Wine Jellies

Wine Jellies

Ok, so I’m breaking the rules guys. This next recipe is not a Porto Bellas original creation. But these little jellies have been such a life saver in the “last minute gifts” department that I felt it was essential to share it with all of you.

After the holiday season last year, I had half a bottle of champagne left in fridge that had turned flat. I felt it would be such a shame to throw it away so I turned to the good old internet to find a way to salvage it. I came across a recipe for champagne jelly (Click HERE to see the original post) where 2 cups of champagne yields 8 cute little mason jars filled with jelly. In other words, a lot of bang for your buck. What’s great about this recipe is that you can pretty much use any leftover alcohol: champagne, port, wine, beer, etc.

I’ve given these as hostess gifts instead of the traditional bottle of wine and I made a big batch of white, red and rosé wine jellies for my work staff this holiday season. A simple way to make them “gift ready” is to trace and cut out circles from a printed paper of your choice and placing the cuts outs between the mason jar lid and metal ring.

Wine Jellies

The jellies can be served as an accompaniment to cheese platters, pâtés, oysters and you can even spread them on toast if you enjoy the taste of wine in the morning (I’m talking to you, Mrs Wino).

Ingredients (yields 8):

  • 8 125mL mason jars
  • 2 cups of white, red or rosé wine (you can also use beer, champagne or port)
  • 3 cups of sugar
  • 1 Tbsp of white vinegar or 20mL of filtered lemon juice
  • 1 packet of pectin (85 mL)

Directions: Place your clean mason jars, lids off, on a baking sheet (this will your counter from spills). In a sauce pan on high heat, mix together the wine, sugar and vinegar, and bring to a boil. Add the pectin and whisk mixture for 30 seconds. Remove from heat immediately and continue whisking for another 60 seconds. Transfer the mixture to a container with a spout (I used a large glass measuring cup). Pour mixture into the mason jars. There should be about 1/4 inch of space left at the top. If you notice any bubbles or foam floating on top, remove with a spoon. Put the lids back on the jars while they are still hot, twist on the metal rings with the tip of your fingers and stop when you feel the slightest resistance. This will allow the air to escape from the jars as the jellies cool, creating  an empty space and allowing you to keep these in your cupboard for up to a year. To make sure the mason jars are well sealed, push down the middle of the lid with your finger. If the lid is curbed downwards and doesn’t move, it’s properly sealed.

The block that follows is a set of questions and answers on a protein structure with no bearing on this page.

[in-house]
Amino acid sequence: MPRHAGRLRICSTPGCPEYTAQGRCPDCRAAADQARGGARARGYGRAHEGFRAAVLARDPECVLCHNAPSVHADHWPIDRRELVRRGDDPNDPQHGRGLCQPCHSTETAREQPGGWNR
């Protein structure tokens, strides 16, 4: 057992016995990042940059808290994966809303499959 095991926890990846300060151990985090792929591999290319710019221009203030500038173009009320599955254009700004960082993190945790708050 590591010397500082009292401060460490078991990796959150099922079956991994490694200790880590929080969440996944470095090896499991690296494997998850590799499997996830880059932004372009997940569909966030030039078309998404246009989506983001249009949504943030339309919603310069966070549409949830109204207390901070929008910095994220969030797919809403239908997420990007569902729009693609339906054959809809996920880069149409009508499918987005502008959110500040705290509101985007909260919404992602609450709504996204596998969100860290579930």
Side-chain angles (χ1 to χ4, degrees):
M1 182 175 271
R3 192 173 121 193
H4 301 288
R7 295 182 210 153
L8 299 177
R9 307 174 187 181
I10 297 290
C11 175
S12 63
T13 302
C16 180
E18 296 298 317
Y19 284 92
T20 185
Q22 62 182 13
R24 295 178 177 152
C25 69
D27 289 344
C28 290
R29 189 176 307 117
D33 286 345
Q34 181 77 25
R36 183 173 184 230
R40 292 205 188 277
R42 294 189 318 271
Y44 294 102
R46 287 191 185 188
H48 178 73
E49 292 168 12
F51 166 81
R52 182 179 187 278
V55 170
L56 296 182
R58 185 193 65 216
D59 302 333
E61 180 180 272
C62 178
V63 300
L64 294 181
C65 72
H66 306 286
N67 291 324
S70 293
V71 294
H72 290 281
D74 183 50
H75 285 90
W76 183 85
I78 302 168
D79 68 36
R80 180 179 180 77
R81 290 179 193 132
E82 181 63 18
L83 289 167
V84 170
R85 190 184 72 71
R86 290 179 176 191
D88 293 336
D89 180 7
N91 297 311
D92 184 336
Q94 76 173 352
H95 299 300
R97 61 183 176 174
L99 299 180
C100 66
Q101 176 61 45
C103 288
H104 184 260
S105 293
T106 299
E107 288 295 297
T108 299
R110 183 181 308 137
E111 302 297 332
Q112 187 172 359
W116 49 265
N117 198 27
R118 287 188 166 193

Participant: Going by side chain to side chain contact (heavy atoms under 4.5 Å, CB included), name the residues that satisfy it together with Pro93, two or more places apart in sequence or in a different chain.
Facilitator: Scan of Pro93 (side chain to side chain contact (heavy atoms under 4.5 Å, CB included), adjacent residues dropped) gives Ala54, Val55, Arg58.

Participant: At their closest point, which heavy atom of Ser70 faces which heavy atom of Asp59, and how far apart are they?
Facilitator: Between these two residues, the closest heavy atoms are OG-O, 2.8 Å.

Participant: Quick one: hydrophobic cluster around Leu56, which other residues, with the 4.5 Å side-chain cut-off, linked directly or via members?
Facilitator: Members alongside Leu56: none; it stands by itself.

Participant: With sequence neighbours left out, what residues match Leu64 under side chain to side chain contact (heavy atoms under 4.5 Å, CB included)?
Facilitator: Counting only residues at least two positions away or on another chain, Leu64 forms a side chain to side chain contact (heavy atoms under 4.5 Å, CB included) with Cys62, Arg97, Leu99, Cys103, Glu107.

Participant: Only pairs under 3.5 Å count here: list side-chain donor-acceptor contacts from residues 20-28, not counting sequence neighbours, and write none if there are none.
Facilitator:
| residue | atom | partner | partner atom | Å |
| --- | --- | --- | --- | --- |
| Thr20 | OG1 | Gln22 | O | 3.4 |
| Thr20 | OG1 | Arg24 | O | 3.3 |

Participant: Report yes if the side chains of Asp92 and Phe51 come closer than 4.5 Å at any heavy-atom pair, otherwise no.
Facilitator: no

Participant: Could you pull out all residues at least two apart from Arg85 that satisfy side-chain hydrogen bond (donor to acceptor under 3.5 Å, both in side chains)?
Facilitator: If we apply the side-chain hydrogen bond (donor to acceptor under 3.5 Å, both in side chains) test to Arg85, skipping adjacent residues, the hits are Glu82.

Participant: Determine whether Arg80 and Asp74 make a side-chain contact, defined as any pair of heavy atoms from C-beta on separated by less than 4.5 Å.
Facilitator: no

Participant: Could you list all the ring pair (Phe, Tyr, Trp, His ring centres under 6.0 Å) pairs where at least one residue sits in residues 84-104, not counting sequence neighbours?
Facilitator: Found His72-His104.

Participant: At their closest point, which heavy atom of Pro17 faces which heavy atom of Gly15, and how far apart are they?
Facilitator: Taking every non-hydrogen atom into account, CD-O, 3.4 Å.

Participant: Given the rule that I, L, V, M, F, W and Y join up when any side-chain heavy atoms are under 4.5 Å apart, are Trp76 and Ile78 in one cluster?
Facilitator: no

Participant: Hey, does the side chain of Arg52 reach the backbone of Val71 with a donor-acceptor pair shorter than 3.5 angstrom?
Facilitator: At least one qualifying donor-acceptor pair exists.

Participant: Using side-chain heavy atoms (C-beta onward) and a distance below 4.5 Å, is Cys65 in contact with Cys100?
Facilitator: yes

N.B. If the lid is curbed upwards, this means the jars are not properly sealed. In this case, place your unsealed wine jellies in boiling water for 5 minutes and let them cool (make sure the metal rings are twisted on lightly as explained earlier).

Music: This easy recipe deserves a mellow song. “In the yard” by the Bowerbirds it is. Enjoy!



15 thoughts on “Wine Jellies

  1. I picture a batch of these in my future… I’m always looking for a way to dress up a cheese platter, even if I’m the only one partaking 🙂

  2. Pingback: Wine Jellies | Inside My Head

  3. Made a batch following your directions and it didnt set. So I remade it, using the pectin directions and it still didnt set. So not sure what Im doing wrong. Maybe the kind of merlot? Any ideas?

    • Yes it is! I made it with an inexpensive Rose’ from Walgreens and although it didn’t set up, it was delicious drizzled on cheese slices. I’m going to try it again using No Sugar Needed Pectin plus a little extra bulk pectin. The No Sugar Pectin seems to set better even if using sugar. I’m going to use small jars of this as Hostess Gifts or Door Prizes with my Traveling Vineyard wine business. 😉

  4. Made these w/ a $8 cab for the neighbors & coworkers this year for xmas gifts! The jelly was a hit and works great in Manhattan’s! Score. Paired w/ semi-homemade maple, nut butter (DIY board).

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